Assembled from a Parkside (now PECO, reference PS15) plastic model kit, based on a British Railways prototype – 1,500 examples were built 1950 – 1951, mainly for the transport of coal; the majority were taken out of service by the 1980s. The completed model shows an example towards the end of its working life, by which time very little of original paint and metalwork existed. The main colour should be grey all-over with black under-frame. However, the darker body areas on my model represent prototypical repair panels – new plates of steel replacing older, rusted-out metal. Ironically, these repairs were rarely painted very well (if at all) and therefore rusted more quickly than the original. This was my first attempt at the “hairspray” chipping technique and here I describe the painting and weathering processes … After applying basic grey primer, the bodywork was airbrushed with various shades of brown (acrylic) to form a base colour. Then progressively lighter rust tones (more acrylic) were applied over the top. Finally, irregular rust patches of colour were created by puddling very dilute acrylic paints with a brush and allowing to dry flat (to avoid runs/drips). Two wet coats of hairspray (chipping fluid) were then applied over all the base brown/rust and allowed to dry naturally after each coat (no heat applied to avoid effecting the properties of the chipping fluid). This was followed by small, light areas of various grey acrylics all over the body, applied with an airbrush, to form a modulated top-coat – the base brown and rust colours are almost but not completely hidden. Within 5 minutes of the final top-coat drying, the surface was thoroughly wetted with water using a flat brush. This was then dragged across the surface until the paint started to lift (remembering to slow down at this point, otherwise all the top-coat paint can come off!); a toothbrush can be used for heavier chipping (in a jabbing motion rather than brushing/stirring); a toothpick is used gently to simulate scratches. Afterwards, any excess water was blotted with a paper towel and then allowed to dry naturally, followed by a few coats of matt clear varnish to seal the surface. Before any more weathering processes, I applied the decals – (masked) black areas (really a dark grey or weathered black) were created with an airbrush and, when dry, coated with gloss varnish (to help hide any decal transfer film); after applying the decals they are sealed with gloss varnish (as before). The white diagonal stripe is a characteristic of these types of wagon and in real-life was used to indicate which end had an opening door. I applied these by masking and airbrushing an “old” white colour (actually a bare wood colour acrylic) over more chipping fluid. When dry, this was carefully chipped as described previously, being careful to blend with the already chipped grey beneath where applicable. The whole model was then again sealed with several light coats of matt varnish before applying a targeted oil dot filter – various oil paint colours but predominantly burnt umber, ochre & white- then left to dry naturally for at least 24 hours (oil paints take a long time to dry). I finished by applying pin washes (to edges and raised areas only and rust streaking – various colours but all enamel based) followed by and a few rust & dust powders/pigments, just to add some texture and more tonal variety.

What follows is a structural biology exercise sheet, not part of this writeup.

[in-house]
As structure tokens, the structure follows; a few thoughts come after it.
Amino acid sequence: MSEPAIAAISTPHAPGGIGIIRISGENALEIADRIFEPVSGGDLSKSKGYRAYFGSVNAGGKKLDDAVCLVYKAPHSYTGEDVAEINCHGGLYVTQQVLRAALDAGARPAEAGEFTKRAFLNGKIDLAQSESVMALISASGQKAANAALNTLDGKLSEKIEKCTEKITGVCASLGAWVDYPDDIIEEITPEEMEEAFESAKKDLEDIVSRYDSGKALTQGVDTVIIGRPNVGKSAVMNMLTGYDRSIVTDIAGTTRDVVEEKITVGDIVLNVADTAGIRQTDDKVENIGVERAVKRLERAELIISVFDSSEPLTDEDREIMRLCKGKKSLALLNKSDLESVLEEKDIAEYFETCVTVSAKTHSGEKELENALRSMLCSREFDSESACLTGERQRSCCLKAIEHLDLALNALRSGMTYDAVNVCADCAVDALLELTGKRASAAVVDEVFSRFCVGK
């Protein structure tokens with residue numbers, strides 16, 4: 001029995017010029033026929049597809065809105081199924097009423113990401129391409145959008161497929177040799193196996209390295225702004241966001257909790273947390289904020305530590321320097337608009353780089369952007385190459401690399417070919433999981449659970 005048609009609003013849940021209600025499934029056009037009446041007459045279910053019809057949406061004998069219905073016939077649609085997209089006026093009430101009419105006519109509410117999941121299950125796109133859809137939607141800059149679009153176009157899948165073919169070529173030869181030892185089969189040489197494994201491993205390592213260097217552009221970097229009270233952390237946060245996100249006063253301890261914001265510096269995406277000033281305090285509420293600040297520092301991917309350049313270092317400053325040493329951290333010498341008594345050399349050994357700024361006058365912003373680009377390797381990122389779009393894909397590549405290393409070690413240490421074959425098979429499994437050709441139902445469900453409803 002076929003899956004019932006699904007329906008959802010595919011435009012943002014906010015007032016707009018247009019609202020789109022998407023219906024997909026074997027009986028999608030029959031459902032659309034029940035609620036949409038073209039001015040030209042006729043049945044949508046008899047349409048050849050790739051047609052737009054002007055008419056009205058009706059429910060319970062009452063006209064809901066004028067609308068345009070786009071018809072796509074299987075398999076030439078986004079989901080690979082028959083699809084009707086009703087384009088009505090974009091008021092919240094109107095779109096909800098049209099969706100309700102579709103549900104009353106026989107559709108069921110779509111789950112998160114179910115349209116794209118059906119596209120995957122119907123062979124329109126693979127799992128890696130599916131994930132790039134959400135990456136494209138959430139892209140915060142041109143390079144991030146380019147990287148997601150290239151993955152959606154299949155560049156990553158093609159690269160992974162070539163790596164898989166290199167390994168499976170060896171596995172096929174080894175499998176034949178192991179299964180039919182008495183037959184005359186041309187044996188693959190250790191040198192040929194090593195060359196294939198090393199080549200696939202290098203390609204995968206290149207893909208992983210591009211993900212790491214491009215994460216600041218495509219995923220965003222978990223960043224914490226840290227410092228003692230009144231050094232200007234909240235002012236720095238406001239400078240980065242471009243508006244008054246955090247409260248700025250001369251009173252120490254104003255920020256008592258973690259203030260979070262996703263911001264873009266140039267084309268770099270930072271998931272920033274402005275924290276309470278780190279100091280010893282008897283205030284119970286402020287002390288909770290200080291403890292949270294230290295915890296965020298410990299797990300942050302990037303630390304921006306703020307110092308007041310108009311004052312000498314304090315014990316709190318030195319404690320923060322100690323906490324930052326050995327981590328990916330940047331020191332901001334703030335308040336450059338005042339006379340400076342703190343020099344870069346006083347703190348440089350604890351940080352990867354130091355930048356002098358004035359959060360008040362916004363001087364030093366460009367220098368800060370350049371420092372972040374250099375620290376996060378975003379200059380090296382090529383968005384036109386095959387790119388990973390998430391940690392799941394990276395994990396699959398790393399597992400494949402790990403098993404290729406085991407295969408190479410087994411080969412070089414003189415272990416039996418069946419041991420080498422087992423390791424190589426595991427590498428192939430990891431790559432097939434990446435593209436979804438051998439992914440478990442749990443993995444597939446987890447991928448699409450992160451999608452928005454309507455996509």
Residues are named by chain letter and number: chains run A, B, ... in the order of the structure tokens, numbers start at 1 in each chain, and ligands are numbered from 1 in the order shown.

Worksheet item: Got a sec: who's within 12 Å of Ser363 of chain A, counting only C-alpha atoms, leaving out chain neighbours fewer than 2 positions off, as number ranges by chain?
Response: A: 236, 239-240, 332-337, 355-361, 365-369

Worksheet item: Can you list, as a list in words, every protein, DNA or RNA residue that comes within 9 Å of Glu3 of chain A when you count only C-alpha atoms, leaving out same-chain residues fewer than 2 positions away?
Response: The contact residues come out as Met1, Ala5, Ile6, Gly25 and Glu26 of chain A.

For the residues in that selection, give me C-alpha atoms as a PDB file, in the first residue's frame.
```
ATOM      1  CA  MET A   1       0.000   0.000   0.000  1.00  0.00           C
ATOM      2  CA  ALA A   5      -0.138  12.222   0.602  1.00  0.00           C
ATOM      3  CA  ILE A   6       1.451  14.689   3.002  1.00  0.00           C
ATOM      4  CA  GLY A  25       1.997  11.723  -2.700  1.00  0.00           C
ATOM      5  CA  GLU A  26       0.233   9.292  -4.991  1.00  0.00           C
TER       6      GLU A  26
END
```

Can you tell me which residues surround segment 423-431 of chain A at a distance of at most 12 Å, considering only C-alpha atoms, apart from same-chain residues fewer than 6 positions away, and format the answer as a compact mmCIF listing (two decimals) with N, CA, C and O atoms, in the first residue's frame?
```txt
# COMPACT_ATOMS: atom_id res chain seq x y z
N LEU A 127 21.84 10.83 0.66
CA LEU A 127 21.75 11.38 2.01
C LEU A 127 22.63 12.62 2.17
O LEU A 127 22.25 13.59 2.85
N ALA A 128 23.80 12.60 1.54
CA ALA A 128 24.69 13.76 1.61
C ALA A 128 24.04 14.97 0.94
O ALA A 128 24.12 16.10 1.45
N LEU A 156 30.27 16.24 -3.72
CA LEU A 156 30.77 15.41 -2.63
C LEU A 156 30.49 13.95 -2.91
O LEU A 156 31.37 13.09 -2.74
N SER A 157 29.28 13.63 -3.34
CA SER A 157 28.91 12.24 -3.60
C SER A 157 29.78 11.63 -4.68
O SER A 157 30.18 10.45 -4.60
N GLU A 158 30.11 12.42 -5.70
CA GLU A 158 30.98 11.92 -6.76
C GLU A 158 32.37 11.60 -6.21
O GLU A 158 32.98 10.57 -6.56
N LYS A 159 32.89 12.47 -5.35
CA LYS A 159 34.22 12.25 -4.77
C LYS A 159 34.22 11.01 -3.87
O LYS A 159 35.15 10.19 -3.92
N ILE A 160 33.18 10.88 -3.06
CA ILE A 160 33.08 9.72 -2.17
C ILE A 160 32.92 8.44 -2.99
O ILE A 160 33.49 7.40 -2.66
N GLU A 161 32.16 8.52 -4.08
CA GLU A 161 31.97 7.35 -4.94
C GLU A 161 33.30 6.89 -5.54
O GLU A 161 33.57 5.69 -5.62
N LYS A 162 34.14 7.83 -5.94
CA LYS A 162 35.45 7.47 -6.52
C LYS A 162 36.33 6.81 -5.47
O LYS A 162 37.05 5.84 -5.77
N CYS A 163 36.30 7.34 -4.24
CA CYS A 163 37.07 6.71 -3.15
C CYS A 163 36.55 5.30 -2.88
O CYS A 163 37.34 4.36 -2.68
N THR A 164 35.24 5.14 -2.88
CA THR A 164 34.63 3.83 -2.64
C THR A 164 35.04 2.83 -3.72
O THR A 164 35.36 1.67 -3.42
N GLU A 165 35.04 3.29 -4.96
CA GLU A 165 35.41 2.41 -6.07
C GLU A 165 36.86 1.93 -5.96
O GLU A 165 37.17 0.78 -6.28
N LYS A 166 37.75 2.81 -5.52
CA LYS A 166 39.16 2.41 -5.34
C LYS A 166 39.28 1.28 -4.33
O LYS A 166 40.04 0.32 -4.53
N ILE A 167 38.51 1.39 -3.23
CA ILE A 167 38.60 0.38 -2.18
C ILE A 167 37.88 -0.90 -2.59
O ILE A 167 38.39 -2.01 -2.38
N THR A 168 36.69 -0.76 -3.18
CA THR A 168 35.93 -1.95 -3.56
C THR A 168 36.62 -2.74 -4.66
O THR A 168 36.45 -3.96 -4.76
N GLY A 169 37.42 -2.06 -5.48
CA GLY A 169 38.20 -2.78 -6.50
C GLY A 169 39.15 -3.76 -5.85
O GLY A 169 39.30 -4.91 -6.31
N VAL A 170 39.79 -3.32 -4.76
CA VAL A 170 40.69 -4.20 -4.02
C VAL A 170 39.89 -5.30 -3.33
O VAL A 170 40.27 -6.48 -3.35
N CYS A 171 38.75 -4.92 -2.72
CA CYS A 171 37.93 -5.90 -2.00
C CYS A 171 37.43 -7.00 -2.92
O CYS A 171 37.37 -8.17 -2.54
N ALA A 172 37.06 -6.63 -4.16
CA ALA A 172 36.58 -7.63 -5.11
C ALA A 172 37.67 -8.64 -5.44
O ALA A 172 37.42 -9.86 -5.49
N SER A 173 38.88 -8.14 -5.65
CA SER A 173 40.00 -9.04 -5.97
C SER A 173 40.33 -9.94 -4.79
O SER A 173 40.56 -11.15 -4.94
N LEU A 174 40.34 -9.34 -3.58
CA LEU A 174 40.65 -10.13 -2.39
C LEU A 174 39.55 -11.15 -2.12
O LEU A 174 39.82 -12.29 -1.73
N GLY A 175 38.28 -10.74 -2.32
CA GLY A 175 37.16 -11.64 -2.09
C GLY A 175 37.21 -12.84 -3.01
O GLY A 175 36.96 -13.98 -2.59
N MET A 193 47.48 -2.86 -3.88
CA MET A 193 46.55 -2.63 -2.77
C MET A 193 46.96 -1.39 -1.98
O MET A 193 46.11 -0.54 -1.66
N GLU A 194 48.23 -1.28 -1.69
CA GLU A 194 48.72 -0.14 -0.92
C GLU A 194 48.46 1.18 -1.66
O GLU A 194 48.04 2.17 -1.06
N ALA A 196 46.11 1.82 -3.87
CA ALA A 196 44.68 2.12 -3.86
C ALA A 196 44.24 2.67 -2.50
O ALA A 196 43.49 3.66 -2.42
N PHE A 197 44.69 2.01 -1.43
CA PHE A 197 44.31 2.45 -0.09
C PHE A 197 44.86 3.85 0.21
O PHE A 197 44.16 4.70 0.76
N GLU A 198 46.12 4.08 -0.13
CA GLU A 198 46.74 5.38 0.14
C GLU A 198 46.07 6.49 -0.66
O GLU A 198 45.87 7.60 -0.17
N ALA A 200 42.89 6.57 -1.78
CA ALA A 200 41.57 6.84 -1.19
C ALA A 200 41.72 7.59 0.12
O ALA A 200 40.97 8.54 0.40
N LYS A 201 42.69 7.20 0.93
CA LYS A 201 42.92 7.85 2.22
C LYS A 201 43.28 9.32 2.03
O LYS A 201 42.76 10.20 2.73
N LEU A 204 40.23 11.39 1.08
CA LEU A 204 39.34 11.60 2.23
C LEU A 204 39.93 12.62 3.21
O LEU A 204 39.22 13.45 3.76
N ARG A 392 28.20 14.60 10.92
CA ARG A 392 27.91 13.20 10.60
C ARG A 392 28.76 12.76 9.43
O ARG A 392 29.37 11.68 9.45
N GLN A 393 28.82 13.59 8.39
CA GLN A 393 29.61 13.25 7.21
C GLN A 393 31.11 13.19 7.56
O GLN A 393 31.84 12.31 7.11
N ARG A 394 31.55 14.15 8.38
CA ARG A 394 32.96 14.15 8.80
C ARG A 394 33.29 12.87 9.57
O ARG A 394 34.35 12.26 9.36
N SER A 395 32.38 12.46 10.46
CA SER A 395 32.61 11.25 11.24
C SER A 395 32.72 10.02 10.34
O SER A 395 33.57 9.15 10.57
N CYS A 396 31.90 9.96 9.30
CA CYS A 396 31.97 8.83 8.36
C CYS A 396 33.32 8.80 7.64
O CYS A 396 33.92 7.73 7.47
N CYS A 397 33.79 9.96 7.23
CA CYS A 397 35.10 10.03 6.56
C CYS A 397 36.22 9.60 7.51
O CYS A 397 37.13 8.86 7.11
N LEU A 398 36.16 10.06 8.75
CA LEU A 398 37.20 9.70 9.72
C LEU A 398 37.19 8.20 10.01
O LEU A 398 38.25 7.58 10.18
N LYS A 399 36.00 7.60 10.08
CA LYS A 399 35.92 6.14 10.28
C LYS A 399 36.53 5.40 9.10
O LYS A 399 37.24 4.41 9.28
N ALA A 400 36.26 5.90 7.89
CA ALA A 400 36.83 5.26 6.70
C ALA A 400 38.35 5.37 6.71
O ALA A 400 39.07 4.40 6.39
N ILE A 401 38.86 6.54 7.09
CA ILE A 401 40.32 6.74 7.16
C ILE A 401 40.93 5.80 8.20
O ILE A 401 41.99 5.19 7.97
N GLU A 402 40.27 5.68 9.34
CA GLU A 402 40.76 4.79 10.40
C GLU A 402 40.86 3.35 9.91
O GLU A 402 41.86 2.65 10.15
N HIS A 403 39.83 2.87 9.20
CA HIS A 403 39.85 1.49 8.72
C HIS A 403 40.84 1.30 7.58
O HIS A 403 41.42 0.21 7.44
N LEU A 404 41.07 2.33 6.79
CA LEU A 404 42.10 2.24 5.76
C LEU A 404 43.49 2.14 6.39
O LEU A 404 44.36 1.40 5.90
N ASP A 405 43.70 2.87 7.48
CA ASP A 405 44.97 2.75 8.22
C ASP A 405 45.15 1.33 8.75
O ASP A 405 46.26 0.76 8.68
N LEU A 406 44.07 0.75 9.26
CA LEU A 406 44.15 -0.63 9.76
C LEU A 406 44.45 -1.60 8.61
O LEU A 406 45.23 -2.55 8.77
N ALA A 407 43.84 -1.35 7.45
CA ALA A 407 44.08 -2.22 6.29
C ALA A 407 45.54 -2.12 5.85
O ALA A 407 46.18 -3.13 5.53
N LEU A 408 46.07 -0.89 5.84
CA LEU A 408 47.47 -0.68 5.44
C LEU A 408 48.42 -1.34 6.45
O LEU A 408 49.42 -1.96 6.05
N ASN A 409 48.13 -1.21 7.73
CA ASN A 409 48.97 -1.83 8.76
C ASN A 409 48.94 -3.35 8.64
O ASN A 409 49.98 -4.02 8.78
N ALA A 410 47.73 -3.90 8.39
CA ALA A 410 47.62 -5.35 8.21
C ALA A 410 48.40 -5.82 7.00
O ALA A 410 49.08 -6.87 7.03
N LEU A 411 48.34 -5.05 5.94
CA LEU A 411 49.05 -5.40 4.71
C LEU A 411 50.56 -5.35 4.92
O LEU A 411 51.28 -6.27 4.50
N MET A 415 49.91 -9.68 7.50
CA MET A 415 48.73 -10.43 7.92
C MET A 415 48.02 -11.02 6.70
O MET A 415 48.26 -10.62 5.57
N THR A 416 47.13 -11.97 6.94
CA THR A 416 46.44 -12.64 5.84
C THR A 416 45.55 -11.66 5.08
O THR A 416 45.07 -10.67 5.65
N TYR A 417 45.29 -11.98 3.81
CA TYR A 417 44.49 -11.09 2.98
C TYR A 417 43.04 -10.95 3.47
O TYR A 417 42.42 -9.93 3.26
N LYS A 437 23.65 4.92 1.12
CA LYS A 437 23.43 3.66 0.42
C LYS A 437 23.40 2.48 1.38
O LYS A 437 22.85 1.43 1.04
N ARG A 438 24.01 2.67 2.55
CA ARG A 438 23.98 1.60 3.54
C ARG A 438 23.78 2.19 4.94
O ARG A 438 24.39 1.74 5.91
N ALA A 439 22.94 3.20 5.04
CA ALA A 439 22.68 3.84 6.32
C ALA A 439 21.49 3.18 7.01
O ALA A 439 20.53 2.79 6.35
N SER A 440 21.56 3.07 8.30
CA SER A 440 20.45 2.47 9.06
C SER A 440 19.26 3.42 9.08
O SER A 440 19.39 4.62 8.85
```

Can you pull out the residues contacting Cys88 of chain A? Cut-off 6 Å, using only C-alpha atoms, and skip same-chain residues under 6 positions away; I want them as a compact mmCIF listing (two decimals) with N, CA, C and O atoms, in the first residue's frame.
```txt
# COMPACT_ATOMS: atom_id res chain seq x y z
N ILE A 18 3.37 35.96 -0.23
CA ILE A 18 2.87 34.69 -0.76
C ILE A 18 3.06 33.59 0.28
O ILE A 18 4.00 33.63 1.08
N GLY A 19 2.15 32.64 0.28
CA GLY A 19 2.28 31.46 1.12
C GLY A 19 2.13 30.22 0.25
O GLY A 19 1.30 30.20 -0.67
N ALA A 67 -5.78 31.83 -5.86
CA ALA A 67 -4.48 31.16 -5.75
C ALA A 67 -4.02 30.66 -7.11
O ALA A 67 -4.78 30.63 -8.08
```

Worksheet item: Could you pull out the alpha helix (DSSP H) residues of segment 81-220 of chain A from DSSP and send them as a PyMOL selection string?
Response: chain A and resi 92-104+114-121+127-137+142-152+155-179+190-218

British 21T Mineral Wagon


David Gregory 

Work Time 

60 Hours 


British Railways 21T mineral (coal) wagon


1:43.5  (“O Gauge”)


Railway modeling 


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